Read more: Why Are My Spider Plant Leaves Creasing?


The water requirements of a spider plant alter with the seasons. It is possible that your spider plant could develop root rot if you continue to water it at the same regularity as you did throughout the summer. This is because the spider plant will dry out at a substantially slower rate when the temperatures are lower. Because the plant goes into dormancy in the winter owing to the reduced light intensity and hours, it requires less water than in the summer or spring.

There are, without a doubt, a few exceptions from the general rule. It is possible, for instance, that the humidity will decrease if you heat the space with radiators and many other sources of heat. This may accelerate the process by which the soil dries out. The drying effects can be mitigated using mist and by maintaining a consistent watering schedule.

It is important to keep in mind that you should never use tap water to water or spray your plant since doing so might cause a buildup of minerals or salts in the soil or the potting medium. If you don’t have access to distilled water, the easiest way to neutralize the water you have is to fill a container with tap water and leave it out where it may sit for the entire night. This qualifies it for water!

How Do You Know It’s Time to Water?

How Often Do You Water a Spider Plant?

Before you water again, be sure the soil has dried out. Do not water blindly twice every week. If your soil holds a great deal of moisture or if your plant grows more slowly than mine, you may not need to water it as frequently.

Read more: Should I Cut The Dead Tips Off My Spider Plant?

The Finger Test

Try poking your finger into the top inch of the soil to see whether or not there is still moisture in the soil. Wait a few days if it’s little moist before trying again. Your plant might benefit from some water if the soil is almost entirely dry to the touch.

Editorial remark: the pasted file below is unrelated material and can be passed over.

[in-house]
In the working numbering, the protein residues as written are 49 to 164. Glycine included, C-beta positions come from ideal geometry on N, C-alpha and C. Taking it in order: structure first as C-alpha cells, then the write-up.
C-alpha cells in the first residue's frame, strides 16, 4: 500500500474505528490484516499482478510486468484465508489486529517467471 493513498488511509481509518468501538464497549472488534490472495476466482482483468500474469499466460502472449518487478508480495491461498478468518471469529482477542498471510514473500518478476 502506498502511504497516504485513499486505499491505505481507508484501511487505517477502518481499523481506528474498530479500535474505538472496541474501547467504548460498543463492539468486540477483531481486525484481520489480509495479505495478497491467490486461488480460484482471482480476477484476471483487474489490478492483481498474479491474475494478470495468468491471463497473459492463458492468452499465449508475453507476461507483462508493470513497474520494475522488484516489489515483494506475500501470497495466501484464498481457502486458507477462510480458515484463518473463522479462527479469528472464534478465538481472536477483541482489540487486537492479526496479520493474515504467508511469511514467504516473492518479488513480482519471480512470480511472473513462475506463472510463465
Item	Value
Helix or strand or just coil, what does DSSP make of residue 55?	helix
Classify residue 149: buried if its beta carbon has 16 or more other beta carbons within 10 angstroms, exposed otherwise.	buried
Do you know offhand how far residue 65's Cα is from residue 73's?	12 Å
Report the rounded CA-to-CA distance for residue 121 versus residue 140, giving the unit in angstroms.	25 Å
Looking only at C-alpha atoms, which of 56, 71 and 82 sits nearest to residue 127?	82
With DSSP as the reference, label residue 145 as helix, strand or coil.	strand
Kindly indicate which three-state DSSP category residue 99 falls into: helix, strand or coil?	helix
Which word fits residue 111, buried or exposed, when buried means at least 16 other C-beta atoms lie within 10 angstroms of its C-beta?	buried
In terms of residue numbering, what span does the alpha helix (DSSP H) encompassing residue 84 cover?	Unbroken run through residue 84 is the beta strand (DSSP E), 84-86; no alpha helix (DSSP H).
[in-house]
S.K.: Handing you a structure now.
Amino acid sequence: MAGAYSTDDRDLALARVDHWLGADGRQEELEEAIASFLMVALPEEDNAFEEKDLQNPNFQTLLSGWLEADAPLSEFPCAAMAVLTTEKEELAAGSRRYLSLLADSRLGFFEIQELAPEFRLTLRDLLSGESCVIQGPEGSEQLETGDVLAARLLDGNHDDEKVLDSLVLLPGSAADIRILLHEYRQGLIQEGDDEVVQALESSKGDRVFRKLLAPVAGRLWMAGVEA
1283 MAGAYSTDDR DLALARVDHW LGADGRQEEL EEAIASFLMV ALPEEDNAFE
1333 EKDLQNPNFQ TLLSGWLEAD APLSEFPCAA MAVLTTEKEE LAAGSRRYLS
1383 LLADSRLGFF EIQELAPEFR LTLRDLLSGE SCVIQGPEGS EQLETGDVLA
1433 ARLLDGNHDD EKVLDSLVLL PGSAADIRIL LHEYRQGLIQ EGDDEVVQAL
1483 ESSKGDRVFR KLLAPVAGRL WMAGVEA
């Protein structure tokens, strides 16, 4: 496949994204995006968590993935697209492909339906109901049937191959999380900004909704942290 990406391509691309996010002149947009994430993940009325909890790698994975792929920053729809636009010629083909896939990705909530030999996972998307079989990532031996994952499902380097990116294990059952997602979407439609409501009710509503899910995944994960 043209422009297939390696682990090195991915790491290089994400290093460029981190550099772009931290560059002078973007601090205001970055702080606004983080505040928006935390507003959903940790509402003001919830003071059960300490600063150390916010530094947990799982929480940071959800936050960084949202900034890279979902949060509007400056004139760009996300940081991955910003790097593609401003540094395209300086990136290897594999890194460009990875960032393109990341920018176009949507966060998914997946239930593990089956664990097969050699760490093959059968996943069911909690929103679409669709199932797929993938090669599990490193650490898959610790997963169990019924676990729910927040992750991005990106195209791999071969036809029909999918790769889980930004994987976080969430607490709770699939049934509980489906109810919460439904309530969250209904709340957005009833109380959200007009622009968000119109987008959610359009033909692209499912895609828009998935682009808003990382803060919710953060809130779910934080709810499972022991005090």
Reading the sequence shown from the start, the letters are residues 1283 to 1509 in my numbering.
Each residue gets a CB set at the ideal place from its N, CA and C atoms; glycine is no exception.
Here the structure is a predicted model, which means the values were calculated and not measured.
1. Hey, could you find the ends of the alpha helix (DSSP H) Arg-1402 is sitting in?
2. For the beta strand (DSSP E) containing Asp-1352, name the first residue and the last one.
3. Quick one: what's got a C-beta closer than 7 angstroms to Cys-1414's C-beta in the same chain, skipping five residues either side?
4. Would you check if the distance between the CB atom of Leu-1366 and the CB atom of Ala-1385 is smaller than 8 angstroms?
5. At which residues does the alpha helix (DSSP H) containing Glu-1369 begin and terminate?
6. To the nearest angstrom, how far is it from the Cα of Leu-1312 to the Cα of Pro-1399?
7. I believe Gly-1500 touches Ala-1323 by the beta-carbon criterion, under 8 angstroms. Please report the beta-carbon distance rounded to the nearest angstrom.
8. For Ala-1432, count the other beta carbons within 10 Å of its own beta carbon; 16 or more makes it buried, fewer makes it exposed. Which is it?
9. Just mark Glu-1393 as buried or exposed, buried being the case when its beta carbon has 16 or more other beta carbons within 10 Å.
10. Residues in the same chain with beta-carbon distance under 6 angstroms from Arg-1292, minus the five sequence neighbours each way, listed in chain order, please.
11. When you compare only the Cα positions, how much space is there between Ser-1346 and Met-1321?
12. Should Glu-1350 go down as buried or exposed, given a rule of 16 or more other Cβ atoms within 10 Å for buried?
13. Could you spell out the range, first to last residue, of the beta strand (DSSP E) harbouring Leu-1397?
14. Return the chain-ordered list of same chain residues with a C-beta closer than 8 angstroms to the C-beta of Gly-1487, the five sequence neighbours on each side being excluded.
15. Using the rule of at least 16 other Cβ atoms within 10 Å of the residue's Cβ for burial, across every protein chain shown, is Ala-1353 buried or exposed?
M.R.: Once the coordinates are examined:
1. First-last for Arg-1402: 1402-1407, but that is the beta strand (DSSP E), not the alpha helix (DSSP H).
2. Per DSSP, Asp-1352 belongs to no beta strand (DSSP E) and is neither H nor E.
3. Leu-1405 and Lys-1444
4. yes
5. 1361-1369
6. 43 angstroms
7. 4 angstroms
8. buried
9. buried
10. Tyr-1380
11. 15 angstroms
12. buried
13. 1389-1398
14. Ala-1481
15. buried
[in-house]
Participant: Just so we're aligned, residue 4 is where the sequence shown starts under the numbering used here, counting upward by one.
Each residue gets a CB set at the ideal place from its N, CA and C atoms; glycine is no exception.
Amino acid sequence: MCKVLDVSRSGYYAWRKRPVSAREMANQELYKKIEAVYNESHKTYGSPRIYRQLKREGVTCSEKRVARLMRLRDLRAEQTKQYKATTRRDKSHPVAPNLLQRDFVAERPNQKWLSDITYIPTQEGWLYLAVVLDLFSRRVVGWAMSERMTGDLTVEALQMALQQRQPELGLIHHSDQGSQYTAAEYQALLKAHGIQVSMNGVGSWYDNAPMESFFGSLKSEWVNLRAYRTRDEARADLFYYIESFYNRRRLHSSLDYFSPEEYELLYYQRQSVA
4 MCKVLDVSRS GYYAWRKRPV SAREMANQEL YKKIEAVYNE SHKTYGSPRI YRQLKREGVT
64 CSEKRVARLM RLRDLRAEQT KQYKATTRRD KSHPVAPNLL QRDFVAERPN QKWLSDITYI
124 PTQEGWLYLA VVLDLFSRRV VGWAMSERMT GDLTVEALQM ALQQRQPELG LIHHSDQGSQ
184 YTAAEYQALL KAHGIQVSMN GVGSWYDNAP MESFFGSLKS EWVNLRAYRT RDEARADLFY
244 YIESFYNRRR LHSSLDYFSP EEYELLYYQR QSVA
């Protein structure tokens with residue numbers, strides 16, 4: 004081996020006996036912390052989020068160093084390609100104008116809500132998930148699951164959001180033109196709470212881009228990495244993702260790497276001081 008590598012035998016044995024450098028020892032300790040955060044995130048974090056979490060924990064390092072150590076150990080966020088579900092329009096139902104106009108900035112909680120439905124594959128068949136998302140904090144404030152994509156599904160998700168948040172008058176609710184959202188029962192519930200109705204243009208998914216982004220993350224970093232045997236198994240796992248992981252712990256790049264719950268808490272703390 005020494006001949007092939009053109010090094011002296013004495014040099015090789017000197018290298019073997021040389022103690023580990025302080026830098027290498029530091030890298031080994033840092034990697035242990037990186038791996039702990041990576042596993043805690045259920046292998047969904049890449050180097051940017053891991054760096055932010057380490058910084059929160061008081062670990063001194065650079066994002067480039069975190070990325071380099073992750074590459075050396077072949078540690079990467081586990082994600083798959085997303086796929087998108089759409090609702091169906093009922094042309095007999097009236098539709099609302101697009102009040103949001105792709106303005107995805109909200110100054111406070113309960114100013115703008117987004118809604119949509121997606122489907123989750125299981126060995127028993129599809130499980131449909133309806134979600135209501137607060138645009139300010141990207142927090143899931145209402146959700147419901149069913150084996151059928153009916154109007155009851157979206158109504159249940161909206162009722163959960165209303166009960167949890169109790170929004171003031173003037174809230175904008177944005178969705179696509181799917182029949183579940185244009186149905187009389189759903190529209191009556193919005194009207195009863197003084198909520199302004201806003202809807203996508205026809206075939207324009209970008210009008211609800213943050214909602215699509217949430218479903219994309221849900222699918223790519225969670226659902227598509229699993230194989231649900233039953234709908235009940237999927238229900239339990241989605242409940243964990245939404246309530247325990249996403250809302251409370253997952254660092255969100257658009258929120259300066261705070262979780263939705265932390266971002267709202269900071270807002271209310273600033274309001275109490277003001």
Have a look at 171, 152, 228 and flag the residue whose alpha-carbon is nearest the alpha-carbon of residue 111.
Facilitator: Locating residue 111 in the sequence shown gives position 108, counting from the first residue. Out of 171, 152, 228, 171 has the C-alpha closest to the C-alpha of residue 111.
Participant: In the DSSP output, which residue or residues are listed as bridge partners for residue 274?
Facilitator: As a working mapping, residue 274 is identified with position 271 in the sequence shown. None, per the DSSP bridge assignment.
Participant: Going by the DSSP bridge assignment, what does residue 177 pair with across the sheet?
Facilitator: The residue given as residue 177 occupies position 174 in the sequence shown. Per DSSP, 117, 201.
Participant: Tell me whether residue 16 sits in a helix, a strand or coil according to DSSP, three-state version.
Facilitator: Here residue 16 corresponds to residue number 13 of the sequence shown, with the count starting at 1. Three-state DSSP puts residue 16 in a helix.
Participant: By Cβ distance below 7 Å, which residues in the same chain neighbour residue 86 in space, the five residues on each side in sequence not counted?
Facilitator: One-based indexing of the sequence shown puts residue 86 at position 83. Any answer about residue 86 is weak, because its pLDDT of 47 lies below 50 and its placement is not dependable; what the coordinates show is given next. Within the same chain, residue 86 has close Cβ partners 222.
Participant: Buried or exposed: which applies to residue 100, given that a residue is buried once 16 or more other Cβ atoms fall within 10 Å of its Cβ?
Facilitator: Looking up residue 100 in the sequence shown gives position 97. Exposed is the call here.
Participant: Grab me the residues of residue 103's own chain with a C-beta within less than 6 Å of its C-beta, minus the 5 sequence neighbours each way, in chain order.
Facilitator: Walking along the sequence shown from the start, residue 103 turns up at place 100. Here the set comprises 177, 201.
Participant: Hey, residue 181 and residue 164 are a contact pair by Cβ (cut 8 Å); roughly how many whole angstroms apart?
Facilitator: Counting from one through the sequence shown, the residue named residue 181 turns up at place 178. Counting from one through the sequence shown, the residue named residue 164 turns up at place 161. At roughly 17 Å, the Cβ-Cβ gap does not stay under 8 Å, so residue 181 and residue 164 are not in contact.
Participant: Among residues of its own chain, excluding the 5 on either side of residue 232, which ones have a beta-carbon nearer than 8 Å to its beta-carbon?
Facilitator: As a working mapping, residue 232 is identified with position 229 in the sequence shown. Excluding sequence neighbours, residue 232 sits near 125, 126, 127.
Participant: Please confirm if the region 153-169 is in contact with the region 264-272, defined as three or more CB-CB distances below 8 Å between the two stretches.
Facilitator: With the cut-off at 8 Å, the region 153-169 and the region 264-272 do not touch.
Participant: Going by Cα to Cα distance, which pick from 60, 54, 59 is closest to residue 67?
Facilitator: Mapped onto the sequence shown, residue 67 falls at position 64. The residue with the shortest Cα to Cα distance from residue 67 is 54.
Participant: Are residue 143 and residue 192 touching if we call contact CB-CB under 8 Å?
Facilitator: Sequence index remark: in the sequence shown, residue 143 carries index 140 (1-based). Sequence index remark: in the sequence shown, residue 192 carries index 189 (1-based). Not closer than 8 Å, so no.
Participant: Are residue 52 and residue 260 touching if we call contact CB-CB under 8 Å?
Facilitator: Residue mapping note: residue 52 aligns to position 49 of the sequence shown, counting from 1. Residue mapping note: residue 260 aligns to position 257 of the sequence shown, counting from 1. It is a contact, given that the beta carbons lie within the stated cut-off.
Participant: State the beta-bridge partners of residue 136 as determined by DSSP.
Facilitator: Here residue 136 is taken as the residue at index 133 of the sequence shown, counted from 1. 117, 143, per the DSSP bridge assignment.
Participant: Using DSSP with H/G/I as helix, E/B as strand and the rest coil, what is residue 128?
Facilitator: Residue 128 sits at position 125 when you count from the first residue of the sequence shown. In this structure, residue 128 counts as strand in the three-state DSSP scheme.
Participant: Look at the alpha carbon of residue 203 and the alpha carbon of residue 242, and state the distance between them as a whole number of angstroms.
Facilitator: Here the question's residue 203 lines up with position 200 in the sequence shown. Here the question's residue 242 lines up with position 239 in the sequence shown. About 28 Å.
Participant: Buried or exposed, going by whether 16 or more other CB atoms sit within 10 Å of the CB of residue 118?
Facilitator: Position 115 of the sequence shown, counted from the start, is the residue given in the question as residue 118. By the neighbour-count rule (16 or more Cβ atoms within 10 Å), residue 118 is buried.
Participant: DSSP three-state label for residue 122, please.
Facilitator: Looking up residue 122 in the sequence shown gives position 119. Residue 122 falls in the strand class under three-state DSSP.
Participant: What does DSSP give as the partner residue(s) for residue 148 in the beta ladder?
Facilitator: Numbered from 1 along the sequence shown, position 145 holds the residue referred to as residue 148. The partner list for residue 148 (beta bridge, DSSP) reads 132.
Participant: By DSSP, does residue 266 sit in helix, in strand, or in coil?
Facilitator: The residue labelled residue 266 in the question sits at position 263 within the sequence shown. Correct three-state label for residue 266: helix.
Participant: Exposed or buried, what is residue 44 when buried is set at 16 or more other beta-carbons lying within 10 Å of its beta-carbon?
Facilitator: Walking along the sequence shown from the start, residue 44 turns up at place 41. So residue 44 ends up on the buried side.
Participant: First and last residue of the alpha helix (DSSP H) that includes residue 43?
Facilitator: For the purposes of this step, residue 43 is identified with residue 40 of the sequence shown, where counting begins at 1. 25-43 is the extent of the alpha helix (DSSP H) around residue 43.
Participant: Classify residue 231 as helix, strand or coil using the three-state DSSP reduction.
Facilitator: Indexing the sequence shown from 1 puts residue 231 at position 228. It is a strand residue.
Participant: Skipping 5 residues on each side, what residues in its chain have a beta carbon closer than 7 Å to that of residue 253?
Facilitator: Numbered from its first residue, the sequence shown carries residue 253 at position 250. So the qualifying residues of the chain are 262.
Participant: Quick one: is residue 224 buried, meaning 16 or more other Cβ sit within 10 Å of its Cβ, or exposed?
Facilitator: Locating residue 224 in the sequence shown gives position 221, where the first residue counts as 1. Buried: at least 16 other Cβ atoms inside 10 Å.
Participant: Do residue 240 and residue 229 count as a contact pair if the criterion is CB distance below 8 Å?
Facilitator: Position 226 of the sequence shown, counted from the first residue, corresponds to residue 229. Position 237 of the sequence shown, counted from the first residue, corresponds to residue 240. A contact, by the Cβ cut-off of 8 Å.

Larger Spider Plants

Once the plant has developed a substantial amount of leaves, you may observe that its roots have taken over the container. It’s possible that you won’t see this until you do a little digging in the soil. It’s possible that you’ll find the tubers I was talking about previously. Because the tubers retain water (among other things), bigger plants often need to be watered less frequently than their smaller counterparts.

The summer watering schedule for a large spider plant

I water my plants once per week and apply liquid fertilizer once every month throughout the summer. Many recommend fertilizing every two weeks.

Read more: Why Is My Spider Plant Turning Brown After Repotting?

How Often Is Considered to Be Too Often?

If you notice indications of root rot or browning tips, it’s possible that you are watering your plant either too much or too often. To summarize what has been said previously, the following is the normal frequency with which you should water a spider plant:

  • New plantlets: Twice a week throughout the summer, less during the winter.
  • Large plants: Twice every three weeks during the summer, less often in the winter.

Preventing Root Rot

It is more dangerous to overwater a spider plant than to underwater it since these plants are prone to root rot, which can ultimately result in their death.

They thrive when the soil is allowed to dry up between waterings because their roots are able to store enough water to sustain them during this time. The delicate nature of their tubers makes it very simple for root rot to set in when they are kept in soil that is overly moist for an extended period of time, which is the source of the problem that results from overwatering.

Problems You Might Face

I can think of several watering-related concerns that you can encounter.

Crowded Roots: Are They Good or Bad?

When spider plants are pot-bound, they look their best (aesthetically). To put it another way, they prefer their roots to be somewhat confined within the container. When they run out of room to grow, they tend to generate a large number of plantlets. (Keep in mind: Do not anticipate them to produce a large number of plantlets if you place them in little pots.) It doesn’t work this way, sadly.

Read more: How Do You Revive A Dying Spider Plant?

When Should You Re-Pot Your Spider Plant?

You may come into a situation in which water no longer soaks through the soil and instead puddles on top for a long time before ultimately seeping through… or not at all. This occurs when the roots fill up a pot to such an extent that it is no longer possible for the water to be absorbed. If this occurs, consider repotting or pruning the roots and thinning the leaves before replanting in the same container.